Prograis makes brief stop home before upcoming fight

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NEW ORLEANS – Since the Crescent City last saw native son Regis “Rougarou” Prograis in the ring in July, it’s been a whirlwind for the rising star of boxing’s super lightweight division.

Prograis has been to Russia, Brazil and then in training for nearly six weeks in both Los Angeles and Houston as he counts down to an Oct. 27 matchup with Englishman Terry Flanagan at UNO Lakefront Arena.

“I started training camp two weeks earlier,” Prograis said Wednesday in a visit with local media. “I had to go to Russia on Tuesday (after his last fight). When I came back, I went back to Houston and bought a house. I barely stayed in my house for a couple of days, then I went to Brazil for a month … I was training MMA and jiu jitsu. I was back in Houston for a week, then off to (Los Angeles) for training camp.”

The longer camp allowed Prograis and trainer Bobby Benton to change the focus initially.

“As we start camp, we usually start with strength and conditioning,” Benton said. “Instead, we worked his feet. His feet are so much better, his balance is better. It’s made a difference.”

Prograis was wearing a reminder of how difficult training for the fight has been, showing a mark below his left eye as a result of a “little pop” in training Tuesday.

“My training camps are really, really hard,” Prograis said. “My body is sore.”

It’s the second consecutive fight at Lakefront Arena for Prograis, who dispatched Juan Jose Velasco in an eighth-round TKO in the headline event of New Orleans’ first championship fight card in nearly two decades.

“My whole goal is to turn it into a franchise,” Prograis said. “We got the Saints, the Pelicans, and hopefully now we’ll have Regis Prograis.”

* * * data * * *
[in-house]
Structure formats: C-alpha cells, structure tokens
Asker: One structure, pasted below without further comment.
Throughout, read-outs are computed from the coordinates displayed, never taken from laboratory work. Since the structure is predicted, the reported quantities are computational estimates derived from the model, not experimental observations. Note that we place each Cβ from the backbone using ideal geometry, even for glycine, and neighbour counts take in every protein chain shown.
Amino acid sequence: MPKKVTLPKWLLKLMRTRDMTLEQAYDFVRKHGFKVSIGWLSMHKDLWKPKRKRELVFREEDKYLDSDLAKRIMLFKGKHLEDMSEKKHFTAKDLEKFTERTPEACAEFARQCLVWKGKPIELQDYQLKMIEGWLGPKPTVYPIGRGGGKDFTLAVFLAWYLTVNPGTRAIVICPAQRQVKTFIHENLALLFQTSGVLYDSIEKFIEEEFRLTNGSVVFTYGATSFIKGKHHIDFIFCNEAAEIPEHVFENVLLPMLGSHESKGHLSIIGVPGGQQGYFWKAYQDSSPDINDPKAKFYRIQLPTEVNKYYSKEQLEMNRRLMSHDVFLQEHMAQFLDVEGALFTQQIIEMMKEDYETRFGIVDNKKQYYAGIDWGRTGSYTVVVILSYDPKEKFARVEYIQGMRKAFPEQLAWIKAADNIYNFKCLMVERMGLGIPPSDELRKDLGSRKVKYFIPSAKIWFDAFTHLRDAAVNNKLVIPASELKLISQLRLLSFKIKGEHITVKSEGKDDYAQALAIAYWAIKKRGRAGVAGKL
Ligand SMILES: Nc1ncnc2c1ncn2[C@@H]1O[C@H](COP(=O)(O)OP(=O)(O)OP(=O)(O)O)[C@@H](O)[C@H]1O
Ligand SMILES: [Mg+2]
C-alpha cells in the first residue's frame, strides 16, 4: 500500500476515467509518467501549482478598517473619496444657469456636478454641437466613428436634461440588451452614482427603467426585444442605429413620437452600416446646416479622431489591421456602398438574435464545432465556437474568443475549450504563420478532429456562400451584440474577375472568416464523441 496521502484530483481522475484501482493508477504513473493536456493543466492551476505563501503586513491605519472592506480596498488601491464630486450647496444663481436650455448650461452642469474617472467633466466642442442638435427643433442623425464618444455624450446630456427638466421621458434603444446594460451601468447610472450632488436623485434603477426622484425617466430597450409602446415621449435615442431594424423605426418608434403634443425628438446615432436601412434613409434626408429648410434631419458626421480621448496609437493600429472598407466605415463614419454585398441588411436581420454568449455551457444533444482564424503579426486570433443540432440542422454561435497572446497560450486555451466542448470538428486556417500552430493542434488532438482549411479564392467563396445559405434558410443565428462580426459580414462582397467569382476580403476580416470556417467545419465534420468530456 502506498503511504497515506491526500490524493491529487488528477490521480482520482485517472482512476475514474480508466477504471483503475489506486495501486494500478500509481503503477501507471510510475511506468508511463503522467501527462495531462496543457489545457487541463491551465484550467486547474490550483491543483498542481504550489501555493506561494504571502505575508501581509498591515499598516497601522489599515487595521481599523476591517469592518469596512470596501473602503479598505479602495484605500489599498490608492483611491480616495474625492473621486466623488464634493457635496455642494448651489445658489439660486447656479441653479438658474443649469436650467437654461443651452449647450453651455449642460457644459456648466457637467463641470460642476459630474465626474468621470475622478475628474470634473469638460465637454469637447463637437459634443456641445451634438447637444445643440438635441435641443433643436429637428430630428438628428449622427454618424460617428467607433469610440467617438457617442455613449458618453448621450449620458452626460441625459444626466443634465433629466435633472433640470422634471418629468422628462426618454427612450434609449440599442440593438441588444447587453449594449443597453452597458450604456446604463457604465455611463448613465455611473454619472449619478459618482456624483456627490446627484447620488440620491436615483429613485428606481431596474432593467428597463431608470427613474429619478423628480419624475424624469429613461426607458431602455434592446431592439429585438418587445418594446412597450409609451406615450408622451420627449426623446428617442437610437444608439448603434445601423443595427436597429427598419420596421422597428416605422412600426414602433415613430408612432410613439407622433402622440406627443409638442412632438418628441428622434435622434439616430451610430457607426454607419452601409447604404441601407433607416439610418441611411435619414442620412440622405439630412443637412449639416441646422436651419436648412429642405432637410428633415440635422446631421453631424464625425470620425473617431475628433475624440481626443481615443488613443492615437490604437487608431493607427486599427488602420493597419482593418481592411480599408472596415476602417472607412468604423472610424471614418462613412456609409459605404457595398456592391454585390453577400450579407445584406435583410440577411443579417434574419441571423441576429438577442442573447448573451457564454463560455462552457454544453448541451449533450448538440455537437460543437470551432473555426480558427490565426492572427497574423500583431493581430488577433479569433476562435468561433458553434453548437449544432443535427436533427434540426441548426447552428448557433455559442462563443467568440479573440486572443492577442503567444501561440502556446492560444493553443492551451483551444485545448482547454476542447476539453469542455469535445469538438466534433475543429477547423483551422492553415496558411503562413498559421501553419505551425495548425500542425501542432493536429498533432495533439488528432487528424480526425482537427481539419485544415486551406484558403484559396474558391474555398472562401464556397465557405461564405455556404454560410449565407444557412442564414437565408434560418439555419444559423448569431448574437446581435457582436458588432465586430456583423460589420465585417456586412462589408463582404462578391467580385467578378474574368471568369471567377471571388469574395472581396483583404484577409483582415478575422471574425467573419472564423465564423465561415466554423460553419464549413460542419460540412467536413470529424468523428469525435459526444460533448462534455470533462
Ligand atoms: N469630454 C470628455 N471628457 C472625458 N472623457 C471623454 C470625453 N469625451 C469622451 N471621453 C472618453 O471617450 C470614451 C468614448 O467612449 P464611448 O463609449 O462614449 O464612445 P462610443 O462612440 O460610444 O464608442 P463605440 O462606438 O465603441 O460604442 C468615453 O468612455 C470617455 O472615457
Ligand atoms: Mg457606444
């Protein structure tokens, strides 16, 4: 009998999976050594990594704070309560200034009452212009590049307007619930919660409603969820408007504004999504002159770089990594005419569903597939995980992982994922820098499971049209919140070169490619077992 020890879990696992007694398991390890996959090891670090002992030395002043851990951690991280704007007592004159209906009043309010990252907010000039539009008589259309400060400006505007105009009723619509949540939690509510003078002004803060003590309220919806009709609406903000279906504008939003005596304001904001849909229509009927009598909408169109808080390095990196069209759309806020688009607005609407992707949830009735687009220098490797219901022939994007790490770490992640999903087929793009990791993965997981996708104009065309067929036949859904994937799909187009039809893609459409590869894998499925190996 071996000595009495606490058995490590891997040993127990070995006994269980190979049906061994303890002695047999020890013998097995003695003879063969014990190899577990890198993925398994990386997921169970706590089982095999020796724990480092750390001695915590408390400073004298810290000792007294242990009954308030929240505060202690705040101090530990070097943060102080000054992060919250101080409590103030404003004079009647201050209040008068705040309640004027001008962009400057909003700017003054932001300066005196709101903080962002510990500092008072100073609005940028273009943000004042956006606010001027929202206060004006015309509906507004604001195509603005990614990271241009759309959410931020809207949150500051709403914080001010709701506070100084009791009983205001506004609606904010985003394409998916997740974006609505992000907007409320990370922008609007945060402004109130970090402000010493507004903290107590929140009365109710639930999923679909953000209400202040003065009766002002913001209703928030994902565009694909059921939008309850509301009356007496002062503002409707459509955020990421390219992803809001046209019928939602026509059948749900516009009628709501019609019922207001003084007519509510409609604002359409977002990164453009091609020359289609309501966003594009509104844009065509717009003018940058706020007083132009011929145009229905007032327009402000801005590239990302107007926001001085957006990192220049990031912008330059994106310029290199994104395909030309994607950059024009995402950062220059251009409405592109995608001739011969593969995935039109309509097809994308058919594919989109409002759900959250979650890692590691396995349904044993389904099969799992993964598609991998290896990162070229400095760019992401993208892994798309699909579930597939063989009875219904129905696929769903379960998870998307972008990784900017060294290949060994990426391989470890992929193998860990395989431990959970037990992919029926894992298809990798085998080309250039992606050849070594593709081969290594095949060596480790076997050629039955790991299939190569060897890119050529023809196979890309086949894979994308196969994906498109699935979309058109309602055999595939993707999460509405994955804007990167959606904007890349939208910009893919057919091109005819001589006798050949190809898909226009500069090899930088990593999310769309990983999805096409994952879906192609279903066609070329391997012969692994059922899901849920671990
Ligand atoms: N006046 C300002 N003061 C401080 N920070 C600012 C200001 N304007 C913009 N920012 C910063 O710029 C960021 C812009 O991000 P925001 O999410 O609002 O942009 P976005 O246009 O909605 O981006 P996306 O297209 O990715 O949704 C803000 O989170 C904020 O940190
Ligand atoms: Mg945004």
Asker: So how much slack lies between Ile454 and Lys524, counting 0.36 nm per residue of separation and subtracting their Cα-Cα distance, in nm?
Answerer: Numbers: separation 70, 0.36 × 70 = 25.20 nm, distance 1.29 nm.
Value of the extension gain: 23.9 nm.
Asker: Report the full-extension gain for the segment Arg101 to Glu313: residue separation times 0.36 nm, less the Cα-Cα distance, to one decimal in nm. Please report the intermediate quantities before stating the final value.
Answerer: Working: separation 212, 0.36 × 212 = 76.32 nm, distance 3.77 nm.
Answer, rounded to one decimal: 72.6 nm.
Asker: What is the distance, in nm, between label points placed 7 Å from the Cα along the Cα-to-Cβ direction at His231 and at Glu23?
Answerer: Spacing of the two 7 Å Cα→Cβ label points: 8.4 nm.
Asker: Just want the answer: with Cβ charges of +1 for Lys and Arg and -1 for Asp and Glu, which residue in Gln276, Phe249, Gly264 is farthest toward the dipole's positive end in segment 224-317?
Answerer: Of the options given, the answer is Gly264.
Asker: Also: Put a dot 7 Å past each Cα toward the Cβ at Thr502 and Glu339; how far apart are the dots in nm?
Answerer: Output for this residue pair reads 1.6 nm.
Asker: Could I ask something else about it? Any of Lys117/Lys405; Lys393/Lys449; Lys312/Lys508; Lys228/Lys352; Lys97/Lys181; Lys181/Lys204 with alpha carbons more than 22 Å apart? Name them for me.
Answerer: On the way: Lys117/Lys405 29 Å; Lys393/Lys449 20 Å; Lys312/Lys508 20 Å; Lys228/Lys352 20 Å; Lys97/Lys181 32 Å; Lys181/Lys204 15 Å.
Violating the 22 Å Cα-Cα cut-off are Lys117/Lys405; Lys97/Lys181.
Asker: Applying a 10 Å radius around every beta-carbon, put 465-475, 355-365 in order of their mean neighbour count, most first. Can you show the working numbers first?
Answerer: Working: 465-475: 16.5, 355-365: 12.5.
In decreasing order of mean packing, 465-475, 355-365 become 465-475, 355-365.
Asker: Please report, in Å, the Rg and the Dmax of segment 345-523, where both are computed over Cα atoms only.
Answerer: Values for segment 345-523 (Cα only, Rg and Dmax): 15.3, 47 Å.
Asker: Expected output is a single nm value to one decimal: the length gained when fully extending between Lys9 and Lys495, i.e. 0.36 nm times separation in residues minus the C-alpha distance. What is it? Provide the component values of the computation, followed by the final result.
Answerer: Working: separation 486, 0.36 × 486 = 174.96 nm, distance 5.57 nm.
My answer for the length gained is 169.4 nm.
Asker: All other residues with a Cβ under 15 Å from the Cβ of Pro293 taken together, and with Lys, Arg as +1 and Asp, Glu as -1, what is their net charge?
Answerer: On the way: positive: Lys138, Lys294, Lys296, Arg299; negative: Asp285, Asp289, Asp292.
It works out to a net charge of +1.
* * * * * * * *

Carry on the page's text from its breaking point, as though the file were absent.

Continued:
A win against Flanagan could mean a return to New Orleans for his next bout.

Prograis, who is 22-0 in his career with 19 knockouts, is not only the No. 1 seed in the super lightweight bracket for the Ali Trophy, but ranked No. 1 in the 140-pound division by ESPN. As the top seed, he had a choice of opponents and picked FlanaganĀ  (33-1, 13 KOs).

“I’m in it to fight the best people,” Prograis said. “Terry Flanagan is tough, he’s scrappy, he’s going to come to right and he has a lot of experience. I wanted to fight the hardest fight first.”

If his first fight in his hometown taught Prograis anything, it was to watch what he eats right before the fight. What will he do differently this time? “Don’t eat po-boys and gumbo before I fight,” he said. “Otherwise, everything went smoothly. I experienced (nervousness) already, so that’s done. This time, it’s going to be back being fun to me again.”

If Prograis can win the Ali Trophy – the final would likely happen around June 2019 – he has in his sight a matchup with fellow unbeaten Jose Ramirez (23-0). Prograis attended Ramirez’s fight last month in Fresno, California.

Prograis and his team were headed back to Houston late Wednesday to resume training before returning to New Orleans in the days leading up to the fight.

The Prograis-Flanagan co-headliner is another Ali Trophy super-lightweight quarterfinal between Ivan Baranchyk and Anthony Yigit for the IBF world championship.

The undercard is expected to begin at 6 p.m., with the two main events at about 9. Tickets are available through Ticketmaster and the Lakefront Arena box office.

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Lenny Vangilder

Lenny Vangilder

Sales/Content/Production

Lenny has been involved in college athletics since the early 1980s, when he began working Tulane University sporting events while still attending Archbishop Rummel High School. He continued that relationship as a student at Loyola University, where he graduated in 1987. For the next 11 years, Vangilder worked in the sports information offices at Southwestern Louisiana (now UL-Lafayette) and Tulane;…

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